I work full time with existing companies on ways to make their businesses more successful in downtown Elkhart. My responsibilities include supporting the downtown merchant alliance in part by building relationships with the city agencies and government officials. I also work with the SoMa LIVE and PLAY committees. 60% of my time I spend on business retention. I also work to recruit new companies to locate downtown. We have had several new businesses open in the past 6 months. Others have seamlessly changed hand.
Our new business development plan often begins with a visit to SCORE. We believe that the best way to reduce a business’s chances of failing is to help them to manage their expectations up front.  That’s where SCORE comes in. Anyone we work with we highly encourage to draft an up to date business plan.
 One of the tools in our tool box is the Gateway Mile Loan fund. Administered by (DEI) Downtown Elkhart Inc. The Gateway Mile Loan Fund is available to help investors in the downtown to quickly move forward on their ideas. Weather for a restaurant, store front, residential living space, or something else in the downtown, we are ready to listen to your ideas and help you to get the capitol you need to make your dream a reality.
A small business loan or first mortgage we have a group of banks ready to help. If anyone is interested in more information about the Gateway Mile Loan Fund see me after lunch and I’ll put you in touch with Burl Troyer the administrator of the Loan Fund.
Much of my focus for this first six months has been to acquaint myself with the property owners and stakeholders in the downtown. I have been trying to encourage the owners of the vacant space in the Main Street area to invest in making the space more attractive to potential tenants. The process is going slowly but I have made some progress. If all goes as planned the former Casey’s restaurant site will open this summer with a new name as a microbrewery, pub, and restaurant, with a new residential apartment on the second floor. The former Copy Shop Building at the corner of Lexington and Waterfall Drive, across from the Knights of Columbus, will soon be renovated for mixed use of residential on the second and third floors and retail in the surface spaces. 3 vacant stores in the 500 block of Main have been leases in the past few months and 2 more spaces in the same block will be renovated for retail use and ready for occupancy in late spring.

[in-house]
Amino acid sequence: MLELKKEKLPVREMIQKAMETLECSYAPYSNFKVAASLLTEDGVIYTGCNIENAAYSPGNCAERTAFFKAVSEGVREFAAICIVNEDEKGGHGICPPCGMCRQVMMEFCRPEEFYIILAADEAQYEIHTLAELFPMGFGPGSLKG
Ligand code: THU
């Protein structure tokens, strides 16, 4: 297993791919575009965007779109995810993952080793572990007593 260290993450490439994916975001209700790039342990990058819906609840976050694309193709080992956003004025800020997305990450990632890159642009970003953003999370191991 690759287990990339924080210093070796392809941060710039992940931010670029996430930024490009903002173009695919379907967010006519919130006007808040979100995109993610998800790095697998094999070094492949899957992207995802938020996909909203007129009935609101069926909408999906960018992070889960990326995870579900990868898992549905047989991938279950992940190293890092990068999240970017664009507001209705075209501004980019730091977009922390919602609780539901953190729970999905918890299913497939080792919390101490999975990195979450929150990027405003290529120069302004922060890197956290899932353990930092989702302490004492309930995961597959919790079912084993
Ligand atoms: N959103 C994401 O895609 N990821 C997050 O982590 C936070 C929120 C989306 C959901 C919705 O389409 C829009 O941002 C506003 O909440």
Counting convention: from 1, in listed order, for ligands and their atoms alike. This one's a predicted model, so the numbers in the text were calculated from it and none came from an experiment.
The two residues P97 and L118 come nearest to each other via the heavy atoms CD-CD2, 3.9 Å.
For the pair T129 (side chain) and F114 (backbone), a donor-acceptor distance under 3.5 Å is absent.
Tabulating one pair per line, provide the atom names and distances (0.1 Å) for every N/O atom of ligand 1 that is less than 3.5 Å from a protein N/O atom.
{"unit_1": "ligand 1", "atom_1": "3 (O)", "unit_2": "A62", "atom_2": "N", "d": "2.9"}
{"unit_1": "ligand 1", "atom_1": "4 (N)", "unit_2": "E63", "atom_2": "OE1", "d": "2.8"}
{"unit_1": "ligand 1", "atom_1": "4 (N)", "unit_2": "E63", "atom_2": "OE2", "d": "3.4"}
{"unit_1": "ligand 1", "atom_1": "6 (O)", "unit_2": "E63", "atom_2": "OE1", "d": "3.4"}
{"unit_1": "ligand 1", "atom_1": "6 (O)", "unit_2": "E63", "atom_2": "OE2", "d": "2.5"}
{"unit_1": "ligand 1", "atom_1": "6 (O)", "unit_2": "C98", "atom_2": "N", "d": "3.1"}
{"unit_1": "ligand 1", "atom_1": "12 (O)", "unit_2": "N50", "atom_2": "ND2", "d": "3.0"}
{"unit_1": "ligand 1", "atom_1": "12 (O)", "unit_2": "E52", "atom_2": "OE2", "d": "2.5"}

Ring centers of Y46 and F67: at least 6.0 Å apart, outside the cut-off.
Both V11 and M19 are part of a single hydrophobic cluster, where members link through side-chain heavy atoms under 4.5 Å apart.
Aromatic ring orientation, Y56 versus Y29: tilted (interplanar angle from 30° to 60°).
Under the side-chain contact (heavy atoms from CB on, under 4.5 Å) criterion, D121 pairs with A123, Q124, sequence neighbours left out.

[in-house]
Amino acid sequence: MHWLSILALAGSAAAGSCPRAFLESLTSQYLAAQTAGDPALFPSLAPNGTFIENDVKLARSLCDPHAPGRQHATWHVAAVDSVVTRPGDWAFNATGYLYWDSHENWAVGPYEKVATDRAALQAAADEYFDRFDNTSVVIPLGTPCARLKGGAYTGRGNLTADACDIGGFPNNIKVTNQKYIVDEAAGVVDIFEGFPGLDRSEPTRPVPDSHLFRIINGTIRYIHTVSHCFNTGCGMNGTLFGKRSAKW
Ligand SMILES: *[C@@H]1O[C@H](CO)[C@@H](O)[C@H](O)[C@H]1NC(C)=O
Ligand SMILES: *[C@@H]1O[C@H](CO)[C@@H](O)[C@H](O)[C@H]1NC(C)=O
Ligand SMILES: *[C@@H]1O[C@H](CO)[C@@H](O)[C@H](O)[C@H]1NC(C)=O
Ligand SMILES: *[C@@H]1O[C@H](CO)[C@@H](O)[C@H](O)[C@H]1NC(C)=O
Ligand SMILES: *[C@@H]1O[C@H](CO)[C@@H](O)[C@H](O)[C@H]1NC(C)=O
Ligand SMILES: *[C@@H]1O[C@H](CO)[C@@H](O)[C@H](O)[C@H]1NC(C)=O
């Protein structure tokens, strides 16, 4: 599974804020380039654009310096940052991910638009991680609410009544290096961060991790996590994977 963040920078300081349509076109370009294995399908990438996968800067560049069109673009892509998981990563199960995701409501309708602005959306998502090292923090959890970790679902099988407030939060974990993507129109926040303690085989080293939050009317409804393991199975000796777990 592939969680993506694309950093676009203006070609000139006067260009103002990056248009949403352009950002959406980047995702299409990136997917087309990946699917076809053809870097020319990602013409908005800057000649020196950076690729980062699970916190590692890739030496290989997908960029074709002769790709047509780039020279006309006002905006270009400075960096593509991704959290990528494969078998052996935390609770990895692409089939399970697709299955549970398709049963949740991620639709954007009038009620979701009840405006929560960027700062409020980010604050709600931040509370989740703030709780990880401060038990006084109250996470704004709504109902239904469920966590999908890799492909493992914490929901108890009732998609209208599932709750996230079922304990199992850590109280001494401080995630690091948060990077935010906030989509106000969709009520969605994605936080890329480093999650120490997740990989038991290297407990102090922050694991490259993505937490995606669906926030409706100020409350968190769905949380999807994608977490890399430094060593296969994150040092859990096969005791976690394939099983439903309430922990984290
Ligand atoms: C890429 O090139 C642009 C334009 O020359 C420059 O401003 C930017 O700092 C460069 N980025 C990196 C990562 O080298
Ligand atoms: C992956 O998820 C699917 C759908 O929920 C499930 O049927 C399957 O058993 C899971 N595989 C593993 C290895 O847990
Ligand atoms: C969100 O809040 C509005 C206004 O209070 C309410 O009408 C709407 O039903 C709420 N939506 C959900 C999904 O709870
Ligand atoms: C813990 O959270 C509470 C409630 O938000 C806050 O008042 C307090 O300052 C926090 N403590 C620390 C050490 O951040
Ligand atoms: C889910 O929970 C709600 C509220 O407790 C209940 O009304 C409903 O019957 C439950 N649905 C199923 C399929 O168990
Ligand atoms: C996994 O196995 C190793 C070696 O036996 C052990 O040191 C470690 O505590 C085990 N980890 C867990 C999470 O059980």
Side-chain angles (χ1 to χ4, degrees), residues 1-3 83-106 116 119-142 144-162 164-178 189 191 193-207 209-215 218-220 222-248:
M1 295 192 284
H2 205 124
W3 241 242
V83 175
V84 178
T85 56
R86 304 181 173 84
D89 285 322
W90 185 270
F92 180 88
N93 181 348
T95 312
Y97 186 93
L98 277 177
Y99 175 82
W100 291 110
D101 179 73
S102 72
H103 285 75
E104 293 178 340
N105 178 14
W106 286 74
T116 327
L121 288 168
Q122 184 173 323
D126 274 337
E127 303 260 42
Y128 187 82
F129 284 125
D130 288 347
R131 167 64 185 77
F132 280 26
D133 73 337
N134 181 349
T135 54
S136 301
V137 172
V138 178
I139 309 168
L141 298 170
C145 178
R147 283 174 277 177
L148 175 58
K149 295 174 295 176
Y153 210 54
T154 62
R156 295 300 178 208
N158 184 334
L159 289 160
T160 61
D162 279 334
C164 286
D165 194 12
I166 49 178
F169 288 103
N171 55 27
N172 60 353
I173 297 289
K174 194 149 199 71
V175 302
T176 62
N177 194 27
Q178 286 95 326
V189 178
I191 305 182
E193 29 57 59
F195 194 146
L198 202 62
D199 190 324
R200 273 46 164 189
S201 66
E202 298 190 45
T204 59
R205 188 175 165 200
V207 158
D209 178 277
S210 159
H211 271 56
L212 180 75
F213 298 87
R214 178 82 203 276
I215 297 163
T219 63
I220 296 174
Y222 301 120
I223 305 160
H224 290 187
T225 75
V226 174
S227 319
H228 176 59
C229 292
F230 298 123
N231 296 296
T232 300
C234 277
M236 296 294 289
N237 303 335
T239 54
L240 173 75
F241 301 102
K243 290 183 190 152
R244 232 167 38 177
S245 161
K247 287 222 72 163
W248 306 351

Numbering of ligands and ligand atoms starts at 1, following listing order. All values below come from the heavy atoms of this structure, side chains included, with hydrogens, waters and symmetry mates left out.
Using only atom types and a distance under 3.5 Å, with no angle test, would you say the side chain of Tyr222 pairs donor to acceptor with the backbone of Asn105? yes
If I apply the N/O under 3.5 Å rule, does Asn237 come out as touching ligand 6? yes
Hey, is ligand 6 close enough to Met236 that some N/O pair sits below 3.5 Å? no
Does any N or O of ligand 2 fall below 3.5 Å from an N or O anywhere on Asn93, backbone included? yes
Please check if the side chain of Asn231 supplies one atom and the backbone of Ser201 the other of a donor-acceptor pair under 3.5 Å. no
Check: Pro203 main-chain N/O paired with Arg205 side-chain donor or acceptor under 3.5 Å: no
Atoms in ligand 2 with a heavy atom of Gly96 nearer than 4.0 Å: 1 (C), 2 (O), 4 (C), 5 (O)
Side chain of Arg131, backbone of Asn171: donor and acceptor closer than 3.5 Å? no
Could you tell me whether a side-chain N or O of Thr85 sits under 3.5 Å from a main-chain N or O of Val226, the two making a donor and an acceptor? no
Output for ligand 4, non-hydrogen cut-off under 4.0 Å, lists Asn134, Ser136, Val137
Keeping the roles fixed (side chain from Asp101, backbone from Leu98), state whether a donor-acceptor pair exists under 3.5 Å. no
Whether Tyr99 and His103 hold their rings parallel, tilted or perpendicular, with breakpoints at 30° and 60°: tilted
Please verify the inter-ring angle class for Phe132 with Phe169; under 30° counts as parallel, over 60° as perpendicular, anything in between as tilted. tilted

I’ve also been working on developing a partnership with government agencies and other organizations like pillars, Elkhart festivals Inc., and the downtown merchant’s alliance.
Over the course of the first three months on the job I worked with 17 different departments of the city on behalf of various issues that affect the downtown. I really had no idea that my past municipal government experience would come in so handy. I was privileged as part of the previous administration to have played a small roll in drafting portions of the Mayor’s annual state of the city message. This required me to read all of the department head’s annual reports. I gained a unique understanding of the responsibilities of each department. That information came in handy when for example I noticed that the Bucklin parking lot next to 523 Tap & Grill needed some attention. Based on my experience I knew that getting a dead tree removed and the bushes trimming is the responsibility of the Buildings and Grounds department. The overgrown weeds and grass are the responsibility of the Traffic department. The burned-out street light bulbs above the parking lot are the responsibility of the Public Works department. And that the overflowing trashcan needed to be moved 3 feet to one side so that it was clear to Himco that it was their responsibility to empty it not the city.